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Figure 1. Heat-shock–inducible activation and repression of Hedgehog (Hh) signaling. A: Four transgene constructs designed to allow heat-shock manipulation of Hh/Gli signaling. (i) hsp:shh activator line [Tg(hsp70l:shha-EGFP)]: (ii) hsp:dnPKA activator line [Tg(hsp70l:dnPKA-BGFP)]: (iii) hsp:gli1 activator line [Tg(hsp70l:gli1-EGFP)]. (iv) hsp:gli2DR repressor line [Tg(hsp70l:gli2DR-EGFP)]. B: Luciferase reporter assay. The modified Gli2DR protein and the Gli2DR-EGFP fusion protein caused an 80% reduction in luciferase activity in the presence of Gli1. C–F: Live images of 25 hours postfertilization (hpf) transgenic embryos, 4 hr after the completion of a 1-hr heat shock. Insets show green fluorescent protein (GFP) expression in the somites of the trunk. C: In the hsp:shh line, diffuse GFP expression is consistent with cytoplasmic localization of the Shhc-term-EGFP fusion protein. D,E: Cytoplasmic expression of the dnPKA-BGFP fusion and Gli1-EGFP fusion proteins. F: The Gli2DR-EGFP fusion protein is localized to nuclei. G–K: 48 hpf embryos that were heat shocked at 10 hpf. G: Wild-type embryo, inset shows V-shaped somites at 24 hpf. H: hsp:dnPKA embryo displaying Hh over expression defects including ventrally reduced eyes (arrow), dorsal brain defects (arrowhead), and slightly flattened somites at 24 hpf typical of Hh over-expressing embryos (Koudijs et al., 2008). I: hps:gli1 embryo with no visible Hh over-expression defects. Somites appear morphologically normal at 24 hpf (inset). J: hsp:shh embryo showing more severe Hh gain of function defects including flattened somites (arrowhead and inset) and reduced eyes (arrow). K: hsp:gli2DR embryo showing defects associated with a loss of Hh signaling, including U-shaped somites (arrowhead and right inset) and ventrally positioned but well formed eyes. lim2.1 labeling reveals an ectopic midline lens (arrow, left inset) in a 30 hpf hsp-gli2DR embryo that was heat shocked at the 8-somite stage. L: Forty-eight hpf yot(gli2DR) mutant embryo with Hh loss of function defects including u-shaped somites (arrowhead and right inset) and a lim2.1-labeled ectopic midline lens (left inset, arrow). M: Hh overexpression defects in the somites (arrowhead) and forebrain (arrow) caused by injection of 100 pg of shh mRNA at the 2-cell stage. fb, forebrain; hb, hindbrain; mb, midbrain; op, otic placode; s, somite.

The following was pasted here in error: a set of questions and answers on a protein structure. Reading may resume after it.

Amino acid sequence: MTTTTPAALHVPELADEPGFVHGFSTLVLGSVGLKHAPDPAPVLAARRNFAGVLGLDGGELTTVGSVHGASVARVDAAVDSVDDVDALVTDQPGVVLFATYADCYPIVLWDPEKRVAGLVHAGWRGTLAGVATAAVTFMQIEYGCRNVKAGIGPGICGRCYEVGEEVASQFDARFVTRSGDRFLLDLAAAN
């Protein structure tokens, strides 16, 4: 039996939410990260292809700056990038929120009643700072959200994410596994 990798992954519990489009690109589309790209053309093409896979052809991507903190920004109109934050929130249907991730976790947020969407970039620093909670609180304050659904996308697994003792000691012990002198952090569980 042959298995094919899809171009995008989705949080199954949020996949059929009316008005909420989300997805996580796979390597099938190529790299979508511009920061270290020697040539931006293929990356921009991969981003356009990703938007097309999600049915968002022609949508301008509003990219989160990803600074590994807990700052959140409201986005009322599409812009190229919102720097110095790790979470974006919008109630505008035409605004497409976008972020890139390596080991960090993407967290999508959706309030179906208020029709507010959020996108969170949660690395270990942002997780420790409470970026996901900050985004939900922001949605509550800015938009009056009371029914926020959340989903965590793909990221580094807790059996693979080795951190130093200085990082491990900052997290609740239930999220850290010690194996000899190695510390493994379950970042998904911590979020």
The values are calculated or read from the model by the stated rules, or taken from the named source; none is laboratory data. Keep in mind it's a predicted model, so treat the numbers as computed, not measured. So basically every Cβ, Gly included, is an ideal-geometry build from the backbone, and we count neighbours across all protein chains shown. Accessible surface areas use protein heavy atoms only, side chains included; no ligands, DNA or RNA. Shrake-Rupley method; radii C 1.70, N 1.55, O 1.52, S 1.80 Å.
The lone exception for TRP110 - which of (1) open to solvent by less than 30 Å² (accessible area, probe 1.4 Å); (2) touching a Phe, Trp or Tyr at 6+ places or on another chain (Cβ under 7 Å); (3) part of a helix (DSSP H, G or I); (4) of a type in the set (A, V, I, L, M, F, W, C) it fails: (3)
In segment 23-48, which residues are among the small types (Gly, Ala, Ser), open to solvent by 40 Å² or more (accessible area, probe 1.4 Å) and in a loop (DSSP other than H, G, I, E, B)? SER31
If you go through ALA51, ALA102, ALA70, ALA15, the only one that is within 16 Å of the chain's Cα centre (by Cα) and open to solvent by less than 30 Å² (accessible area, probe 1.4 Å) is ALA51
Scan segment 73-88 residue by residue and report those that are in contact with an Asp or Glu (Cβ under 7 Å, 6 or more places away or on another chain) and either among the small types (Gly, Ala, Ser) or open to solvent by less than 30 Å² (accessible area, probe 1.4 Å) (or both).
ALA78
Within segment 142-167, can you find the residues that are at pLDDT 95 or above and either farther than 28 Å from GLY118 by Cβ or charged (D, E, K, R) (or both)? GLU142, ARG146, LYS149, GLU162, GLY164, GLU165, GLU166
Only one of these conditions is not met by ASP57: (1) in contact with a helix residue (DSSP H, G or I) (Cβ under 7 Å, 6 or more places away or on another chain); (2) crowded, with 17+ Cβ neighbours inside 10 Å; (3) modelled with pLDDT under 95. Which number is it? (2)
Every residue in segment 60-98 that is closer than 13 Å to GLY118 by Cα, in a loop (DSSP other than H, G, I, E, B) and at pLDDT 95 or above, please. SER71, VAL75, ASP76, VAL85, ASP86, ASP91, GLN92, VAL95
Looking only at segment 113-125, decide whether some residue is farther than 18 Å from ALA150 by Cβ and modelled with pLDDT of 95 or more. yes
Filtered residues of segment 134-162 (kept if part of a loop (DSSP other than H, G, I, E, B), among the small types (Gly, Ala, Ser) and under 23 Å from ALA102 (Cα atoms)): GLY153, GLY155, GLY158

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Transgenesis was done as previously described (Kikuta and Kawakami, 2009; Suster et al., 2009) and founders were identified by heat-shocking progeny and screening for GFP fluorescence. Lines were validated by examining the effects of heat shock on ptch2 expression by in situ hybridization and real-time PCR (Figs. 2, 3). All four lines have been through at least five generations of outcrossing without observable changes in transgene efficacy. For convenience, these four lines will subsequently be referred to as hsp:shh, hsp:dnPKA, hsp:gli1, and hsp:gli2DR.